Archive - News Article
July 16th, 2011
SOUTH KINGSTOWN â€“ The town council seeks a meeting with the school committee to discuss next yearâ€™s financial outlook after the school committee accepted the Reconfiguration Committeeâ€™s recommendation to make four equal neighborhood schools and move the pre-school program.
The council voted to direct six possible dates to convene with the school committee through the end of August.
By LILLIAN DUNNING
Special to the Standard
NORTH KINGSTOWNâ€”It was a triumphant weekend for the Wickford Art Association.
By the close of the 49th annual Wickford Art Festival on Sunday evening, exhibitors, attendees and organizers all shared a sense of relaxed satisfaction in the success of this yearâ€™s event.
A yellow-shirted Festival Staff member commented that â€śA lot of people have been coming up to the Information Booth with compliments, saying itâ€™s the best year yet. When they take the time to seek you out and tell you this, you know they really mean it.â€ť
NARRAGANSETT â€“ Many parents enjoy reading bedtime stories to their children. Yet, naval officer and Narragansett resident Robert Flynn took reading to his children one step further; he actually wrote and published a book for them and for any other child who wishes to read about the adventures of Lucky McGuire, the spirited navy jet with big dreams.
SOUTH KINGSTOWN â€“ Wakefield attorney, Debra L. Chernick, was lost for words until her life partner resolved a household catastrophe one year ago and she blurted out that he was as wonderful as any para-hubby could be.
From her experience and this domestic interaction came the word Chernick was looking for to resolve and give meaning to a situation that many couples face; Para-Kin.
According to the word's creator, â€śparaâ€ť means to support or to stand next to, such as para-legal or para-medic might do professionally.
NARRAGANSETTâ€”Environmental Day is coming to the Narragansett Town Beach. This Saturday, July 16, the Town of Narragansett and Rhode Island Rivers Council will be sponsoring multiple activities on the beach in order to raise awareness about the oceanâ€™s resources and how to use them in a safe, environmentally conscious manner.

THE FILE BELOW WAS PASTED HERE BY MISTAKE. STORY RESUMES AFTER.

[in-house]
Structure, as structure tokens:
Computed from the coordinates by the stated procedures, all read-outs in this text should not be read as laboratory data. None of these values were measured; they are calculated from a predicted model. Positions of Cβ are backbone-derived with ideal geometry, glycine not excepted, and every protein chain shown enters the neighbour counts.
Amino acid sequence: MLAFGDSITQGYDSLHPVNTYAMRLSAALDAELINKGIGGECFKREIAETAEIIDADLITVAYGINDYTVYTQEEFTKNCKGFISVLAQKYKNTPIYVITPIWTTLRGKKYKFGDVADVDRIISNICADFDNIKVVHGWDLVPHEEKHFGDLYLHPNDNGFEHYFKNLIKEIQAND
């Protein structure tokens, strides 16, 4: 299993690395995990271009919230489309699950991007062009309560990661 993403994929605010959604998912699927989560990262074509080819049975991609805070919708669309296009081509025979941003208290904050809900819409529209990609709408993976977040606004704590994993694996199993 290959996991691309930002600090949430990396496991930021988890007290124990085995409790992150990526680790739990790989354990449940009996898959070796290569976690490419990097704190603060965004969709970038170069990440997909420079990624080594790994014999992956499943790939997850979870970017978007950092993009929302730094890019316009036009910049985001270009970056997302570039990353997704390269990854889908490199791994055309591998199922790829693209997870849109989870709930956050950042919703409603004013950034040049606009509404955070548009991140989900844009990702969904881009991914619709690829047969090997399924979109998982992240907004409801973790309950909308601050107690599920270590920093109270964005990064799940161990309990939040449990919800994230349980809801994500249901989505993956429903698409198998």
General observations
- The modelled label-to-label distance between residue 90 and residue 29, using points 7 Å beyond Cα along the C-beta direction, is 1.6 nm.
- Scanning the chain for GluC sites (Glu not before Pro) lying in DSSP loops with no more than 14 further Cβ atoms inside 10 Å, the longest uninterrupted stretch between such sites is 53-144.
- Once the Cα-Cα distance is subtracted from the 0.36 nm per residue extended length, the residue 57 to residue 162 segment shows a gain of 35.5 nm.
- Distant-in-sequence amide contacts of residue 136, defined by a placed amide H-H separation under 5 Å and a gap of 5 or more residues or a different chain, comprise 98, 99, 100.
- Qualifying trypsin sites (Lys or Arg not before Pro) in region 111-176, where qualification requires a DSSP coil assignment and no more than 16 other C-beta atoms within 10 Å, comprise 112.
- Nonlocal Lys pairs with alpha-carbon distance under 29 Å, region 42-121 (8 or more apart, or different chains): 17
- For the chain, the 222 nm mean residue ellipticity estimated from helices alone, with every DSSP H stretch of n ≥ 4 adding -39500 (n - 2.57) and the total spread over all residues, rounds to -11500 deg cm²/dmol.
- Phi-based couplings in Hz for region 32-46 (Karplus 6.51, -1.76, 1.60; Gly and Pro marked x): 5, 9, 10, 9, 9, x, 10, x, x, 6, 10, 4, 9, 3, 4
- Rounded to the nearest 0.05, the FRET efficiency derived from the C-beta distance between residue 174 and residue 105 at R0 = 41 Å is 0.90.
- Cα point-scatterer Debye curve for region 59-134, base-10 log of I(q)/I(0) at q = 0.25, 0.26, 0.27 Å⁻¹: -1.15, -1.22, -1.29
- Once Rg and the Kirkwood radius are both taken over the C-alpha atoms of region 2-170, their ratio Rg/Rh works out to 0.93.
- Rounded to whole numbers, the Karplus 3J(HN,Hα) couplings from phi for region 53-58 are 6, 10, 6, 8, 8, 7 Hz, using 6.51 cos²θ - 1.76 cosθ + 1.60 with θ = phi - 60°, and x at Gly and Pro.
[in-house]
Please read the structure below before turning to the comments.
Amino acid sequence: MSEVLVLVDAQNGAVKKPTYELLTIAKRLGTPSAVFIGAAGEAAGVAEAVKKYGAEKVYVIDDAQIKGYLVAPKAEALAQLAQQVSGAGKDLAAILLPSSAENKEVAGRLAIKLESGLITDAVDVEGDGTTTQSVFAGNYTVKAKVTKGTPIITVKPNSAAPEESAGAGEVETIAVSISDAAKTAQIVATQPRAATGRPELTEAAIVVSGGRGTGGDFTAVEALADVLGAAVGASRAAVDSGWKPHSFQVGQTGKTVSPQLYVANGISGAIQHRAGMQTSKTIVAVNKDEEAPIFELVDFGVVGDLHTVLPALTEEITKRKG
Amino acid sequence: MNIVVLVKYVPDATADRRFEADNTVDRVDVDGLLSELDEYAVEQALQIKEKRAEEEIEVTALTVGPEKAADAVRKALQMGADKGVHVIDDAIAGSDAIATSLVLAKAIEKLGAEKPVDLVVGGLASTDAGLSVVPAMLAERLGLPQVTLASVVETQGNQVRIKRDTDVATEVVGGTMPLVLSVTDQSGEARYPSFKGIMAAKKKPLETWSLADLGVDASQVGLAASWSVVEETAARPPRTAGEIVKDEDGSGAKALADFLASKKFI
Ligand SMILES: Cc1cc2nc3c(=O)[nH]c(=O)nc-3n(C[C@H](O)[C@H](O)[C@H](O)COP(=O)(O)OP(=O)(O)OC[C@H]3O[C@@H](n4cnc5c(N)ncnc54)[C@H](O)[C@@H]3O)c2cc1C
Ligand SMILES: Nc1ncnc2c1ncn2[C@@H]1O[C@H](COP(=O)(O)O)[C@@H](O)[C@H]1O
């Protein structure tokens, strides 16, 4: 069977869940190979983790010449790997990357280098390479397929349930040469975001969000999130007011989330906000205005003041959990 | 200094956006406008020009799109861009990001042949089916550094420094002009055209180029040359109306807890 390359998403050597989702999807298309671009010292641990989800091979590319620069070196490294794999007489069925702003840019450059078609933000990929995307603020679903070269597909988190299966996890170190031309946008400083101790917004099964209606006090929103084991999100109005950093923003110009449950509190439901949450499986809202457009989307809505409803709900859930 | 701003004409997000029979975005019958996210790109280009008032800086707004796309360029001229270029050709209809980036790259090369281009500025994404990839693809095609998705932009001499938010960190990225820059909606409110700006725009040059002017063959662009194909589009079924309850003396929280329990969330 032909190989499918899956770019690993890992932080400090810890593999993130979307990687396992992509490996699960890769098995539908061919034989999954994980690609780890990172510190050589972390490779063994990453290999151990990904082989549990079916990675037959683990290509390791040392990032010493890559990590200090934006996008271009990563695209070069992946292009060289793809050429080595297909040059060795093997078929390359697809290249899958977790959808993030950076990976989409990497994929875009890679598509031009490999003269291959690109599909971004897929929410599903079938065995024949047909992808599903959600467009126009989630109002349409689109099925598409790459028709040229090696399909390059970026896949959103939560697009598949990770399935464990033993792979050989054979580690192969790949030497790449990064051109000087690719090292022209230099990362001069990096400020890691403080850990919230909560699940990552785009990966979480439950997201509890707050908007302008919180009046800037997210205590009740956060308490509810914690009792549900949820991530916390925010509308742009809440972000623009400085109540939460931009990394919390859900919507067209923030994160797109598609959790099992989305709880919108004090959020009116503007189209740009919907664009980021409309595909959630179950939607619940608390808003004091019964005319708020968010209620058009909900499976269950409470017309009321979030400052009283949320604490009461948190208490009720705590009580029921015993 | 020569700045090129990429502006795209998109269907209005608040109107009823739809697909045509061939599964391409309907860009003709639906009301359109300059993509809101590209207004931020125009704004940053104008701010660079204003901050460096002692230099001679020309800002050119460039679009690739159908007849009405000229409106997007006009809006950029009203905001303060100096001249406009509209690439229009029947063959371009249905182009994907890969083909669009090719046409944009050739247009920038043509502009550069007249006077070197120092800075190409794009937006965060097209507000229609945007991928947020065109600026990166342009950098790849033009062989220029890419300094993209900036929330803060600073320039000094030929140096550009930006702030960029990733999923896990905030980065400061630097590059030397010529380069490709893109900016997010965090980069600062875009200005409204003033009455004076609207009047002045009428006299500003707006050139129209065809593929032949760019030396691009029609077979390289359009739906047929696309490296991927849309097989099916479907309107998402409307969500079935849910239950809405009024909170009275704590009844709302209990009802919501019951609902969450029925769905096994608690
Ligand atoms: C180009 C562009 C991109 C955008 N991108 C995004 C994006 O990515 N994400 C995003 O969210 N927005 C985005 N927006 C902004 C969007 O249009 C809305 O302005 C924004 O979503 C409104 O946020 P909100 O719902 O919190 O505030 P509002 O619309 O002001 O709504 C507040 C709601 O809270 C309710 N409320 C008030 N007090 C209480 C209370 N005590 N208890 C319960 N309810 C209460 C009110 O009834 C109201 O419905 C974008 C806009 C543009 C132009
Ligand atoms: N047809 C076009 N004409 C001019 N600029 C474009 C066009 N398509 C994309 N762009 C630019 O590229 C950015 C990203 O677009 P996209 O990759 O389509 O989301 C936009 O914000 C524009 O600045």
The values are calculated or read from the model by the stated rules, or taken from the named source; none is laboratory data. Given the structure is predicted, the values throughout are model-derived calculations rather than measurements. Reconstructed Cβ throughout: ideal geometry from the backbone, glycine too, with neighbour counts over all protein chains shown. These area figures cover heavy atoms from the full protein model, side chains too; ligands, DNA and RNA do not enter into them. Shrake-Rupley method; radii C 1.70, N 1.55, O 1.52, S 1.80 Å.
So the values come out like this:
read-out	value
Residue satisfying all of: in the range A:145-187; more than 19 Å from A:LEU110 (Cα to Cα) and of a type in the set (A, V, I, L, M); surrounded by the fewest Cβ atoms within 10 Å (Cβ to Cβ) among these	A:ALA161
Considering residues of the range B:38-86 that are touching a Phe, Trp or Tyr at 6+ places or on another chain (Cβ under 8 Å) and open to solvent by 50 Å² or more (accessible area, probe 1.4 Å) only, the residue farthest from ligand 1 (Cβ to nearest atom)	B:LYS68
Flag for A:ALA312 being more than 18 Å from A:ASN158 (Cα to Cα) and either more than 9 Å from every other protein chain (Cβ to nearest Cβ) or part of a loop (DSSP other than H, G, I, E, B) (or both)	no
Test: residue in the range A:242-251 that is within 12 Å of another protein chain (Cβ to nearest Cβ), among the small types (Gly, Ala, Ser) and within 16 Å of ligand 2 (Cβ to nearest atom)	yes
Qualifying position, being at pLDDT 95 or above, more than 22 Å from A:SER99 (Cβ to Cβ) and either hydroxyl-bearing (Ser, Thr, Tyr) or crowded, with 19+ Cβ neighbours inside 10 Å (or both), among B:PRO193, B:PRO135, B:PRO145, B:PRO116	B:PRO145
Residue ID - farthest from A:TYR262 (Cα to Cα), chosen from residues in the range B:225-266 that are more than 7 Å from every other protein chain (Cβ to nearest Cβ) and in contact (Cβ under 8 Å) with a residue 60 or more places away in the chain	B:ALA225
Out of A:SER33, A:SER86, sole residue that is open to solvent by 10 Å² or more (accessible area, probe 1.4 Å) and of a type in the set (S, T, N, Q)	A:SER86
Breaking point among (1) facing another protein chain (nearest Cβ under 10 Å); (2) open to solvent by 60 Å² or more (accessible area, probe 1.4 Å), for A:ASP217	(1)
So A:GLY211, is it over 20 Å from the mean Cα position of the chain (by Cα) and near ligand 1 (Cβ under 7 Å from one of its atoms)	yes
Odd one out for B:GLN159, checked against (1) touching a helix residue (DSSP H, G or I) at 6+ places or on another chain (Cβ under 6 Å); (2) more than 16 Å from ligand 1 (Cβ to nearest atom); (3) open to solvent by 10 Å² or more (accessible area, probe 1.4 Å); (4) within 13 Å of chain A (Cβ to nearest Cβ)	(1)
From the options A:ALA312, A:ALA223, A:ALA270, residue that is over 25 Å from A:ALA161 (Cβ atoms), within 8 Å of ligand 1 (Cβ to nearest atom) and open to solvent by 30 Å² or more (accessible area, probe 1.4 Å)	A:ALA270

NARRAGANSETTâ€”The Economic Development Committee (EDC) met with the Narragansett town council in a work session in order to discuss the future implementation of the recently created economic development plan.
â€śWe look at this as an investment plan,â€ť said Edward Mazze, Chair of the EDC. â€śWithout the support of the town council, we will be stuck in neutral.â€ť
CHARLESTOWN - There is an analogy that people often use to describe something that is out of control. When a certain situation has a person overwhelmed or befuddled, but still provides entertainment value, they will say it is like the circus.
NORTH KINGSTOWNâ€”Three weeks of speculation over whether or not Superintendent Dr. Phillip Thornton would indeed leave the North Kingstown School Department came to a conclusion Monday night as the NK School Committee announced it had formally received Thorntonâ€™s letter of resignation and, in a quick move meant to speed up the process of finding his replacement, the committee appointed Dr. Philip Auger on an interim basis.
HOPKINTON - For the last two weeks, Town Manager William McGarry has been a very busy man. Aside from his daily business as Town Manager, where he works at the Crandall House on Route 3, he has been acting as Hopkinton Police Chief. While this may seem like a daunting undertaking to most, McGarry is no stranger to the dual responsibility.
By DAVID PEPIN
So whereâ€™s that new 1,500-square-foot addition to the East Greenwich Housing Authority offices at 146 First Ave?
If youâ€™re driving past, you canâ€™t tell which half of the yellow one-story wood building has just been completed and which half dates back to its 1848 origin as part of the townâ€™s poor farm.
And thatâ€™s just fine with Executive Director Marcia Sullivan.
With just a couple of minor details remaining in the interior and some landscaping of the grounds to be completed, the $300,000 project, paid for with competitive federal stimulus funds, has helped the agency deal with what Sullivan feels were its two biggest concerns: privacy and handicapped access.
Prior to the addition, the building lacked a conference room and safe, secure areas in which officials could talk business with clients and contractors.
â€śBasically, all the frontline staff was in one room when I got here three years ago,â€ť Sullivan remembers.
With a spacious new office of her own and a conference room featuring the original 1848 ceiling beams, Sullivan feels the revamped building is much more conducive to the sometimes sensitive business conducted inside.